Tag Archives: kiln

Art Diary 2018 – Week Ending October 5

Art Diary. A weekly wrap-up of art activities. For earlier posts, search under the category Art Diary.

Art every day and all week.

Saturday, September 29 – This afternoon we took a trip to the Ceramic Shop in Norristown, PA. I needed some underglazes. This store is always a treasure trove. I worked my way past the shelves of glazes:

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…stopping to look some over, for future projects, before I came to the Velvet underglaze display and chose my items.

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After that I wandered around the store a little. As always, I am fascinated by the huge array of tools that can be used in clay work.

Here is a sample board showing various clay bodies sold here. Different clays fire in different temperature ranges and are additionally of different consistencies – some very smooth, some gritty. It all depends on your purpose as to what clay you chose to work with. Additionally, each clay can be fired within a range of temperatures – the different samples show the same clay fired at various levels. As you can see, this display is very useful in choosing clay.

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Here you see a selection of kiln shelves. Since each firing requires the shelves to be configured to fit the clay work being fired, there are a lot of choices.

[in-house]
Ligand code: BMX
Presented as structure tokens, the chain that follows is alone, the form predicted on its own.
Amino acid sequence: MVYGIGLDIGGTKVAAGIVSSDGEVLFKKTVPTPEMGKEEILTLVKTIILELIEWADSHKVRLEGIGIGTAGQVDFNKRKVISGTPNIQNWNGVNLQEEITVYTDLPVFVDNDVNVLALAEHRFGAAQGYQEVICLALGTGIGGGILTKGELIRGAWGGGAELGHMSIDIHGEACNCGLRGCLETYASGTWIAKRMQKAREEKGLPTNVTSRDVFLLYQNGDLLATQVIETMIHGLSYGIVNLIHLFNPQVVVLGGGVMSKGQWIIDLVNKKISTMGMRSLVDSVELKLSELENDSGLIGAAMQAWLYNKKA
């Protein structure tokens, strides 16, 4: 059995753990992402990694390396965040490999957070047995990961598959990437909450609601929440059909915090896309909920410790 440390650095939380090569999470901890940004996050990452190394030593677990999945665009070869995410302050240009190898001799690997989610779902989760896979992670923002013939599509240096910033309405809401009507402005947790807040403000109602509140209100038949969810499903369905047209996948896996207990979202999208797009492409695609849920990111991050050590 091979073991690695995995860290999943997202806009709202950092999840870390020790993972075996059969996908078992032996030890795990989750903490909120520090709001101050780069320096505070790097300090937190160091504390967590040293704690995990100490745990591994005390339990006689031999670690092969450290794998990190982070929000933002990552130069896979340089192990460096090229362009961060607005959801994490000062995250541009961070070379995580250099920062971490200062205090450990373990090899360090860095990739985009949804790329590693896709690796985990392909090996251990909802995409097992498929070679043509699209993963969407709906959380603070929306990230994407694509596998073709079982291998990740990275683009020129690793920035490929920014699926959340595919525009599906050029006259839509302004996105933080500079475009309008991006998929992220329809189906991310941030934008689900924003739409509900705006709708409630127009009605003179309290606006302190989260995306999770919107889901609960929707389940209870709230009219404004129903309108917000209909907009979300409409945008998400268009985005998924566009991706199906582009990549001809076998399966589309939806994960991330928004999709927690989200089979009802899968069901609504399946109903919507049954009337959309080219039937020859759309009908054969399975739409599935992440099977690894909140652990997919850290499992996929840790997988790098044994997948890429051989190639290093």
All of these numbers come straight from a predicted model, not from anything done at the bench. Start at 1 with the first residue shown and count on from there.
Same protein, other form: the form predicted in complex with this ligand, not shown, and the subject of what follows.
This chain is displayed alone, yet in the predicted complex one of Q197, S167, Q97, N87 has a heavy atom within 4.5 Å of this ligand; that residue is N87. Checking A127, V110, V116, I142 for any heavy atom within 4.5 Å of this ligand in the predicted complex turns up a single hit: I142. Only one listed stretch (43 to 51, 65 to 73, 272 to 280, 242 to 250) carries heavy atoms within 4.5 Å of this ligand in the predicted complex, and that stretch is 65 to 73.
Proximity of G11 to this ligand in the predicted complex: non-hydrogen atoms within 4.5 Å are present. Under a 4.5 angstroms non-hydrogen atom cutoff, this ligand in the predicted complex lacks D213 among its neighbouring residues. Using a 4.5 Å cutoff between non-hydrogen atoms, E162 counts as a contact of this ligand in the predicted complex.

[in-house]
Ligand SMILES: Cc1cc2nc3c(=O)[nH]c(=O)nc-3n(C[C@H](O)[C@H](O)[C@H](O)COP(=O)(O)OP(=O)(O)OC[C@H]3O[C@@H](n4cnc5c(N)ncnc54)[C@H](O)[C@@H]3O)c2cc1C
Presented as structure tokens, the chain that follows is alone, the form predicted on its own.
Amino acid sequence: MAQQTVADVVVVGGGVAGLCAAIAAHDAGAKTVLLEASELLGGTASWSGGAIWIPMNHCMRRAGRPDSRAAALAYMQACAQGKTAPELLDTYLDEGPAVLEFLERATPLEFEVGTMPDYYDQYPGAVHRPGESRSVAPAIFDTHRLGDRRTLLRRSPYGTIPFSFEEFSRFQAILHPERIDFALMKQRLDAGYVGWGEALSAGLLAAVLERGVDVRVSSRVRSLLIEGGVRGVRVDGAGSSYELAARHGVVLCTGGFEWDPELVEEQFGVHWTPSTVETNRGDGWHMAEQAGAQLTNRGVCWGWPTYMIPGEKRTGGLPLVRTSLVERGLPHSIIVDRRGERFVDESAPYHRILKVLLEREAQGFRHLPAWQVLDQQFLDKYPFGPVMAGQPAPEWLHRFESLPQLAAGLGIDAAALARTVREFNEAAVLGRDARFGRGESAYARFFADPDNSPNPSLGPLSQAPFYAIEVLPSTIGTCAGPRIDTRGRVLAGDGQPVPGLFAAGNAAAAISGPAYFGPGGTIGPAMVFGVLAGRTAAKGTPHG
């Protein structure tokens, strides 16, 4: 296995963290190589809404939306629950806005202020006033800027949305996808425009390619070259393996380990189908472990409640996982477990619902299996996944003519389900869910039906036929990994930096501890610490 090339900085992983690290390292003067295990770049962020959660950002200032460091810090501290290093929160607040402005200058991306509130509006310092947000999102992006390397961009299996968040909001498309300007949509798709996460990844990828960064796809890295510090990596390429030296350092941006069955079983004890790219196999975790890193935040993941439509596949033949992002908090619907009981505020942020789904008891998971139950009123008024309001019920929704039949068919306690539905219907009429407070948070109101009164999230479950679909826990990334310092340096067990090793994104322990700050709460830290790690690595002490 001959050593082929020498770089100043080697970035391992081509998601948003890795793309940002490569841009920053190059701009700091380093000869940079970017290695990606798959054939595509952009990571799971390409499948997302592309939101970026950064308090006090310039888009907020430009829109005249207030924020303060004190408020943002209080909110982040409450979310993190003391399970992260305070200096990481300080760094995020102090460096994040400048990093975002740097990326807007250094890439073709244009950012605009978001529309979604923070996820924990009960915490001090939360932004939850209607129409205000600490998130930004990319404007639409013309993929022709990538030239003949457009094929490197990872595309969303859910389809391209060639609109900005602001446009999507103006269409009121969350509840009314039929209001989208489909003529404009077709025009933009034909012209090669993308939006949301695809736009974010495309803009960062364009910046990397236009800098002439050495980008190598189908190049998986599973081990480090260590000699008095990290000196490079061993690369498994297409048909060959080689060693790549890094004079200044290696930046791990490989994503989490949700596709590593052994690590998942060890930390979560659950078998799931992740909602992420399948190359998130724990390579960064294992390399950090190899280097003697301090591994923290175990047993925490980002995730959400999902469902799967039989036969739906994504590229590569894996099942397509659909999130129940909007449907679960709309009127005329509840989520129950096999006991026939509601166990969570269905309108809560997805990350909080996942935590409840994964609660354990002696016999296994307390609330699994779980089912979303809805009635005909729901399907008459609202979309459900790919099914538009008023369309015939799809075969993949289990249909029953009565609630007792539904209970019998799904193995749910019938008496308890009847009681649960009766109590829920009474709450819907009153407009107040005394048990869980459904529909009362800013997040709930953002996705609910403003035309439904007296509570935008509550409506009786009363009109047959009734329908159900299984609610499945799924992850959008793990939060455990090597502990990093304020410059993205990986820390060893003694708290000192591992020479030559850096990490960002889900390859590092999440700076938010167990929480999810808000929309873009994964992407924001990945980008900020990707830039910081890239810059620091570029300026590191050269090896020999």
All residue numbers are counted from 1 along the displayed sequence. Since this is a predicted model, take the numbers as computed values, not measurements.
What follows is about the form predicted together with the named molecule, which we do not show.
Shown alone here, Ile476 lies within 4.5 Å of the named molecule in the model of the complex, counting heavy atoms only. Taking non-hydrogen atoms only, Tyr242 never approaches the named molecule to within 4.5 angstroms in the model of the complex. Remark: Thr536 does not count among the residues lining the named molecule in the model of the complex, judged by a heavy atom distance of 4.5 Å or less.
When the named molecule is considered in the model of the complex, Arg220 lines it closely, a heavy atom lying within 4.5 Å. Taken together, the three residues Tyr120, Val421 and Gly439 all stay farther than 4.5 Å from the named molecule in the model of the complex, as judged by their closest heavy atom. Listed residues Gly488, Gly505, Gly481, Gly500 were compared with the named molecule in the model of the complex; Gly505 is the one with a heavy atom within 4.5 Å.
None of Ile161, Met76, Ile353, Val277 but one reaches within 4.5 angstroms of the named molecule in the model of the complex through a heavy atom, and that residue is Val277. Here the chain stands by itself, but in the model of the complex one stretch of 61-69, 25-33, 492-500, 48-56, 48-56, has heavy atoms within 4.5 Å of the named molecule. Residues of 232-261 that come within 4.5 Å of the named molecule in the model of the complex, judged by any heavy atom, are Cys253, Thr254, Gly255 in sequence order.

Here is a display of pyrometric cones. You may remember me as describing a clay item as being fired at “Cone 06” or that kind of thing. Before computerized controls, each firing required the use of a pyrometric cone, created to be specific to a firing temperature, which was designed to bend or slump when the correct temperature was reached (you needed to view the cone through the peephole in the kiln wall).

These cones are still used today, even in computerized firings, for a variety of reasons – to make sure a certain item gets to the correct temperature, as kilns can have hot or cold spots; or to check that the kiln’s controls are accurate, for instance. I don’t use them, as my work is not that temperature-specific and my kiln has computerized controls – but obviously lots of people do. There is a large display of them here.

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Sunday, September 30 – My husband and I went to a play this afternoon at Allen’s Lane Art Center. You may remember other productions we’ve seen here – it’s a small theater and the seating is cafe style. This show was lightly attended, being a Sunday matinee, and we got a place right up on the edge of the stage.

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I got out my trusty sketchbook:

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but I didn’t have much time for drawing the audience as I usually do here, because I was downstairs for some time chatting with my friend Lisa, who runs the box office. Just saying. Anyway, here are a few quick things:

Monday, October 1 – I fired up the kiln. It may look like it’s just sitting and doing nothing, but that number on the front means it’s 1200+ degrees F inside. And that’s not the whole story – it will go up to about 1830 degrees…

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Let me back up a little. I forgot about these. Remember when I went through that box of little scraps last week? I pulled out some that I wanted to color. I’ve spent some of the last few evenings doing just that with my markers. I’ll figure out what happens next soon.

Back to today. I felt like slapping a little paint on a surface. I got out one of the 18″ x 24″ 1/8″ thick masonite boards I recently bought, as well as two of the 11″ x 14″. They have already been gessoed in black. I started working away. We’ll see what happens. I remind myself that the large board cost $3.50. I have nothing to lose.

Tuesday, October 2 – I opened the kiln.